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Effective emetics and how to use them

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Monday, November 21, 2011

Emetic agents work by causing gastric irritation, stimulating the CNS chemoreceptor trigger zone (CRTZ),1 or a combination of both. Many emetics work best if the pet has a small amount of food in its stomach. If the pet hasn’t eaten within the past two hours, a snack is recommended before administering emetics.1,2 Keep in mind that emetic agents are not effective if an anti-emetic (e.g., maropitant, ondansetron) has been recently administered to the patient.2


Here are the emetic agents effective for dogs:

  • Hydrogen peroxide (H2O2) irritates the oropharynx and gastric lining. This is the most commonly recommended emetic agent for pet owners attempting to induce vomiting in their dog at home.2 Use of hydrogen peroxide solutions in concentrations stronger than 3 percent can result in potential corrosive injury to the gastrointestinal (GI) mucosa.2 Potential side effects associated with the use of hydrogen peroxide are irritation to the gastrointestinal tract (GIT), hemorrhagic gastritis, gastric dilatation volvulus, and aspiration pneumonia.2 Hydrogen peroxide is not recommended for use in cats because it’s not a reliable emetic agent in cats, and approximately 25 percent of cats develop a hemorrhagic gastritis secondary to its use.2

  • Apomorphine hydrochloride is a centrally-acting emetic agent that stimulates the CRTZ and quickly results in vomiting.2 This is most commonly used in veterinary clinics for inducing of vomiting in dogs, but it’s not recommended nor effective in cats.2 Side effects of administration of apomorphine include prolonged vomiting and ocular irritation (when administered subconjunctivally). This latter side effect can be limited with a thorough flushing of the subconjunctival sac.1 Apomorphine is contraindicated with ingestions of medications that can result in respiratory or CNS depression or with dopamine antagonist drugs that prevent vomiting.2
Read the veterinarian-authored drug monograph on Apomorphine for veterinary use.


Emetic agents effective for cats are more limited, and there are no at-home emetic agents that should be recommended. The only recommended veterinary emetic is:

  • Xylazine, an alpha-2 adrenergic agonist, is a centrally-acting emetic agent that’s effective when used in cats. Xylazine is not recommended for use in dogs, as it is not an effective emetic.2 Potential adverse effects with use of xylazine include bradycardia, sedation, tremors, and respiratory depression. Xylazine is contraindicated in medication ingestions that may result in an exacerbation or compounding of these potential side effects.1,2 In patients exhibiting persistent vomiting or excessive sedation from xylazine, the use of yohimbine or atipamezole can be used to reverse the effects.2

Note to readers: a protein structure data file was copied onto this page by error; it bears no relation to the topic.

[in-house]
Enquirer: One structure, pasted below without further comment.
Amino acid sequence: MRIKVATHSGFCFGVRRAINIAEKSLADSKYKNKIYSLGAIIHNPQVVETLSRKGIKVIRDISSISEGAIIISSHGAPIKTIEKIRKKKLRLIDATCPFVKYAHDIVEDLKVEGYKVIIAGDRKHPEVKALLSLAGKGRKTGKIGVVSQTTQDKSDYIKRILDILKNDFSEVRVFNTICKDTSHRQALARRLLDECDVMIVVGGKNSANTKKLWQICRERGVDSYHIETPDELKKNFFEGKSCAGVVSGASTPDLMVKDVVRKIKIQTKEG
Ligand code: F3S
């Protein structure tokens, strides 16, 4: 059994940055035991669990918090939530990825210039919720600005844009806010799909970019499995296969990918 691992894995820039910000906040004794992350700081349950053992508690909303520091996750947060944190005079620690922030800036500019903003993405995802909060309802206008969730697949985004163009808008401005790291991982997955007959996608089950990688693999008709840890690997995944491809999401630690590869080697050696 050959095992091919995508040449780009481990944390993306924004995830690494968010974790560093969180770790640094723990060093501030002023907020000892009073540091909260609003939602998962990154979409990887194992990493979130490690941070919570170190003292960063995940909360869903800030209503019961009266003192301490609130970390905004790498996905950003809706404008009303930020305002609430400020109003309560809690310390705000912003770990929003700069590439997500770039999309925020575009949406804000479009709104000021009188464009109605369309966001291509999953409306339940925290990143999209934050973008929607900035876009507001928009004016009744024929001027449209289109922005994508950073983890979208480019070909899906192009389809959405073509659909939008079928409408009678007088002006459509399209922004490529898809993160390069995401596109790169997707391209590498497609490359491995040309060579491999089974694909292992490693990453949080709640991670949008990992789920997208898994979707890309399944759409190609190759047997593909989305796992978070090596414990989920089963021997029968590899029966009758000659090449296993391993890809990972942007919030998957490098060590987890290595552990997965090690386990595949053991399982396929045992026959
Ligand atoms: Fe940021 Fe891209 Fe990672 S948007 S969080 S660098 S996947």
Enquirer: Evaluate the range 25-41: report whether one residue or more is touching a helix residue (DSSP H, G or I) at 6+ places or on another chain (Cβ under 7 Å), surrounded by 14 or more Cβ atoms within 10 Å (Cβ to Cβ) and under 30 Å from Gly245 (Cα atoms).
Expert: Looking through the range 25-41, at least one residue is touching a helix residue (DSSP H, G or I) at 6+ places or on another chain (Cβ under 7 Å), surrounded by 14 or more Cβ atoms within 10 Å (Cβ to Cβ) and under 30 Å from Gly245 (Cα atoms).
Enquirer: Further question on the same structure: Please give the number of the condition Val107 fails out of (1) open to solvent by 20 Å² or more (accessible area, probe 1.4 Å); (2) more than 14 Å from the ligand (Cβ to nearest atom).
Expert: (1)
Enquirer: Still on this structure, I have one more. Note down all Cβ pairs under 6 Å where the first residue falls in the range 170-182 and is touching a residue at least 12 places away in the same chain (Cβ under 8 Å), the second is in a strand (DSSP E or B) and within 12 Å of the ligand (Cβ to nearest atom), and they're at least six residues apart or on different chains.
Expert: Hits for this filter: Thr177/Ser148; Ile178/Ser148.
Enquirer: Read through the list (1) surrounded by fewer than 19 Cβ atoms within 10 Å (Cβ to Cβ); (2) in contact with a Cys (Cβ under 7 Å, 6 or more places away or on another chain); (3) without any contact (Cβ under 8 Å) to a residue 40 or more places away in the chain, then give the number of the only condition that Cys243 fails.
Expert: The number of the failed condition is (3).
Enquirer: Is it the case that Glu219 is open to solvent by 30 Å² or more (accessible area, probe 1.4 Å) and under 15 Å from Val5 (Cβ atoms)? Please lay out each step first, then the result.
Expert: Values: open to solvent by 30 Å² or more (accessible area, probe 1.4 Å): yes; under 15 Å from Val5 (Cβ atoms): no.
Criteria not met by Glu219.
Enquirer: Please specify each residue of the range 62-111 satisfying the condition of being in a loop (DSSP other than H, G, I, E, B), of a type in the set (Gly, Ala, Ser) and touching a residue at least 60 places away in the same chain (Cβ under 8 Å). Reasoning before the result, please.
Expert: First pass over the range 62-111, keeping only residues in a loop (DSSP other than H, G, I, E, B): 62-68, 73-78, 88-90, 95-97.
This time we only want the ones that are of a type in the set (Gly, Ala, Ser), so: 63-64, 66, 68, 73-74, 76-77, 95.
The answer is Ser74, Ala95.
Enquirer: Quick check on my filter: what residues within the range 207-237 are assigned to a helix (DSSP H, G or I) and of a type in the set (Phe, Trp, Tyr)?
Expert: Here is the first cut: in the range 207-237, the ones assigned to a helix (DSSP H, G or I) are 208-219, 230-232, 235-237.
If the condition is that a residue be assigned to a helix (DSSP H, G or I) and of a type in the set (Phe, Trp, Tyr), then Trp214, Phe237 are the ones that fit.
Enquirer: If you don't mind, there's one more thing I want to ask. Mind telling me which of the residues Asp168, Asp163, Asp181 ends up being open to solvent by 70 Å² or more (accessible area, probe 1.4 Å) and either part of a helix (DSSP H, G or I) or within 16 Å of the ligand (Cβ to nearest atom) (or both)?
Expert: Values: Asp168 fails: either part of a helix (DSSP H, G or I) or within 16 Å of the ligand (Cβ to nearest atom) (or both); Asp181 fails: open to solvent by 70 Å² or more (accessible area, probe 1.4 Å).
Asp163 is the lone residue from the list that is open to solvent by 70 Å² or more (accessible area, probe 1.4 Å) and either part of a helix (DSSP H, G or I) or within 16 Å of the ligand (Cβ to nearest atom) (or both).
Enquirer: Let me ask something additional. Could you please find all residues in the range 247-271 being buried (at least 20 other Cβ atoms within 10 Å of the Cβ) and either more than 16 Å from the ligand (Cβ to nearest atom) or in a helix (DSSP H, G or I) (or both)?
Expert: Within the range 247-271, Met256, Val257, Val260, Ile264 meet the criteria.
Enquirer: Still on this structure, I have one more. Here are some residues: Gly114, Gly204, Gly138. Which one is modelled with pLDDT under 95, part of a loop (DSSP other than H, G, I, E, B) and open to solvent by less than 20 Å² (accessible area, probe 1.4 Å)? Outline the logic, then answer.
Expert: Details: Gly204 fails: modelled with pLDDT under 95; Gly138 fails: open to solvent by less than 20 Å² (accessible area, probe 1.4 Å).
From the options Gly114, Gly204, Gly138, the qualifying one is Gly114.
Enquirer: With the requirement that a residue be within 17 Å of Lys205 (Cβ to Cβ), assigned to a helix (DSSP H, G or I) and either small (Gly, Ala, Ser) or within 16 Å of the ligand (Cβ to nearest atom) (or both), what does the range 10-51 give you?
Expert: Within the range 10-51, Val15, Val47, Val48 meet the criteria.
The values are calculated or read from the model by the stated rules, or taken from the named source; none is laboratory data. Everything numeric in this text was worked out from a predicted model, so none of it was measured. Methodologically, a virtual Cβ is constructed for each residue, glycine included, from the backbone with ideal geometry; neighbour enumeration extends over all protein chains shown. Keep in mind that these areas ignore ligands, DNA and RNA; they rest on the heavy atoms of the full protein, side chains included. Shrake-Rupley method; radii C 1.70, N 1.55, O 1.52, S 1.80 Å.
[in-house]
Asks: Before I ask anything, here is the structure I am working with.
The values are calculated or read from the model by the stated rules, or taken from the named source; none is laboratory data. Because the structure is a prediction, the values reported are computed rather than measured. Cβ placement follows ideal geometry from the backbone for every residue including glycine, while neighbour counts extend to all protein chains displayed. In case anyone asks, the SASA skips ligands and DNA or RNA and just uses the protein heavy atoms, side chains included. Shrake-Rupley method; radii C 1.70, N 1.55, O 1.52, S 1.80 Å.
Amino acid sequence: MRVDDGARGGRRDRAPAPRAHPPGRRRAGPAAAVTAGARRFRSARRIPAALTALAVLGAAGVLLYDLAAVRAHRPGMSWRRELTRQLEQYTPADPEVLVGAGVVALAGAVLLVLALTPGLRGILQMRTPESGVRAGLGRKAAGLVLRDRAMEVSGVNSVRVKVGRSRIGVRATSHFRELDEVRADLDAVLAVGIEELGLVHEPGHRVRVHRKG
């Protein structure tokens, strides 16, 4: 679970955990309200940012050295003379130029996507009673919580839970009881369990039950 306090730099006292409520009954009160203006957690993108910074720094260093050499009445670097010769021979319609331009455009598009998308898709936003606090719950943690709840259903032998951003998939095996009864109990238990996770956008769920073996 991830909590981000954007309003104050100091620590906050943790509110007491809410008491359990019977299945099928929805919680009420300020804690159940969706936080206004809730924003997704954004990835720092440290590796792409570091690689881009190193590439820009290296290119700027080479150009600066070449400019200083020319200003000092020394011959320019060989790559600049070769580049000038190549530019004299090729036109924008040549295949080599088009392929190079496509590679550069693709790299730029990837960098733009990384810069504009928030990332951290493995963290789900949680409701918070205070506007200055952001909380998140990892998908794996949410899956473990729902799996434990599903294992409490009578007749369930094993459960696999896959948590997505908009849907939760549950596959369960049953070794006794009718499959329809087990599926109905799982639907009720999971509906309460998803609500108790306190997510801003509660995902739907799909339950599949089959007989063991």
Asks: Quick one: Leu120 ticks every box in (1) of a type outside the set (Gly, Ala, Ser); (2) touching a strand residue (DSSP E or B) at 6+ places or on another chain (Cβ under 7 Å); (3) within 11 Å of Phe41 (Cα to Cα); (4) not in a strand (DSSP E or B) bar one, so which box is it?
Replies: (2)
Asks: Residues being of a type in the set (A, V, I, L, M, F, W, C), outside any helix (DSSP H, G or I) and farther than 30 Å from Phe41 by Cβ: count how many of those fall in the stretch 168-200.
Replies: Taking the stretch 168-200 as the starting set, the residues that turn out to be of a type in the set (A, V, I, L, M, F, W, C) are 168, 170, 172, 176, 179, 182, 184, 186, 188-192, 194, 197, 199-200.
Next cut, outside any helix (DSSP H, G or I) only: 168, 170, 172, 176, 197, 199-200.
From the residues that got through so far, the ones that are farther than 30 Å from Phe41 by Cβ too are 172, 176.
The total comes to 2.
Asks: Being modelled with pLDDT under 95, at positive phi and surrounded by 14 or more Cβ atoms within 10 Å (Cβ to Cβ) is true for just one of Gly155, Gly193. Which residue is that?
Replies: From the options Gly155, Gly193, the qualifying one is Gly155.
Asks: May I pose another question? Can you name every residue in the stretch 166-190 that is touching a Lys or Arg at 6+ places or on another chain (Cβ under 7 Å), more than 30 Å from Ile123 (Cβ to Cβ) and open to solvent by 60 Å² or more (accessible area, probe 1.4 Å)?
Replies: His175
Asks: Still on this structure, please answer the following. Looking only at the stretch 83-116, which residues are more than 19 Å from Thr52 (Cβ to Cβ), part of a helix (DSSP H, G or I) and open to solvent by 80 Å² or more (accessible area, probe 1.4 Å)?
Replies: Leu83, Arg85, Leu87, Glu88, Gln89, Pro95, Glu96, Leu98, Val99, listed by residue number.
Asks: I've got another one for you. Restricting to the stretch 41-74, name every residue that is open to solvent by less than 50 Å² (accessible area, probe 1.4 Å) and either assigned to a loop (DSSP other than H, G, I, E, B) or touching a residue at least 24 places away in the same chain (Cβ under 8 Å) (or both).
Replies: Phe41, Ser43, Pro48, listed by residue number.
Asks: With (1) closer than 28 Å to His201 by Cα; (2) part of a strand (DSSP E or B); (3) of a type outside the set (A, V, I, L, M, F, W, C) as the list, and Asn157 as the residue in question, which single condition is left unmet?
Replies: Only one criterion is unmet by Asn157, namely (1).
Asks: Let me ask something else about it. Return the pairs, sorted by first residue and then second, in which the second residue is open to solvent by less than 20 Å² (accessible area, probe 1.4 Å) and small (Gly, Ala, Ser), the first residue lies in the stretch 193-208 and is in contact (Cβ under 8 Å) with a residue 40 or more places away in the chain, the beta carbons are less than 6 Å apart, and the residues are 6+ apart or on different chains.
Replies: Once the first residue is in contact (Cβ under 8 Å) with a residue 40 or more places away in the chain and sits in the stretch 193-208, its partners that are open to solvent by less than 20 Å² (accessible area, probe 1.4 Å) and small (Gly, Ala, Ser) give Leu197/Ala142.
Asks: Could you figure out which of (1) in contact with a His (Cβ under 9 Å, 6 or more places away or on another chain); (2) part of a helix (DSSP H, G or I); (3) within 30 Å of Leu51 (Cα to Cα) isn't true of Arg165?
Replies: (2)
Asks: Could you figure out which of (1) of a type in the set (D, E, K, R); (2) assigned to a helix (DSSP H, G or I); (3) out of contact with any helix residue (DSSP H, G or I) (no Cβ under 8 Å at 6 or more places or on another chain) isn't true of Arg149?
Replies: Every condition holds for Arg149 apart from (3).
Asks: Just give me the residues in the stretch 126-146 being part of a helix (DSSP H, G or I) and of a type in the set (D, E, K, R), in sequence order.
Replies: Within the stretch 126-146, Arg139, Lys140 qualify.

Alternative decontamination methods

Here are two alternative methods to consider if induction of vomiting is contraindicated for GI decontamination of your patient.

  • Gastric lavage is recommended when the patient is unconscious, sedate, having tremors or seizures, as well as in situations where induction of vomiting has been unproductive. It’s also used with ingestions of substances (e.g., bone meal, or iron) that can result in bezoar formation or with large ingestions of medications that are approaching the LD50 or lethal dose for that medication.2 Gastric lavage is performed with the patient under anesthesia with an appropriately fitted endotracheal tube (to prevent aspiration) securely tied in place. Possible side effects or concerns with gastric lavage are the risk of aspiration pneumonia, the risks associated with sedation of a poisoned patient, and potential injury to the mouth, oropharynx, esophagus, or stomach.2 Gastric lavage should never be performed with ingestions of corrosive agents that increase the risk of gastric perforation, with ingestion of hydrocarbons (due to the high risk of aspiration pneumonia), or when sharp objects have been ingested.2

  • Whole bowel irrigation is used to prevent absorption of ingested toxins by inducing a liquid stool through administration of large quantities of polyethylene glycol (PEG) electrolyte solution. Whole bowel irrigation typically needs to be continued for eight to 12 hours, until a clear effluent—fluid from the colon—is produced. Whole bowel irrigation is used with ingestion of toxic doses of iron, sustained-release medications,2 or enteric-coated medications. Possible complications of whole bowel irrigation are vomiting, bloating, abdominal discomfort, and possible aspiration pneumonia. Whole bowel irrigation should not be used with foreign body obstructions, ileus, perforated bowel, shock, vomiting, or GI hemorrhage.2

Harmful emetic agents

You should avoid recommending some emetic agents for your clients for “at home” vomiting induction. Here are three home remedies—often found on the Internet—that are often recommended but can potentially put the patient at further risk or harm.

  • Syrup of ipecac has historically been recommended for use as an emetic agent but is no longer the standard of care in human or veterinary medicine, due to its cardiotoxic potential and tendency to result in prolonged vomiting, lethargy and diarrhea.2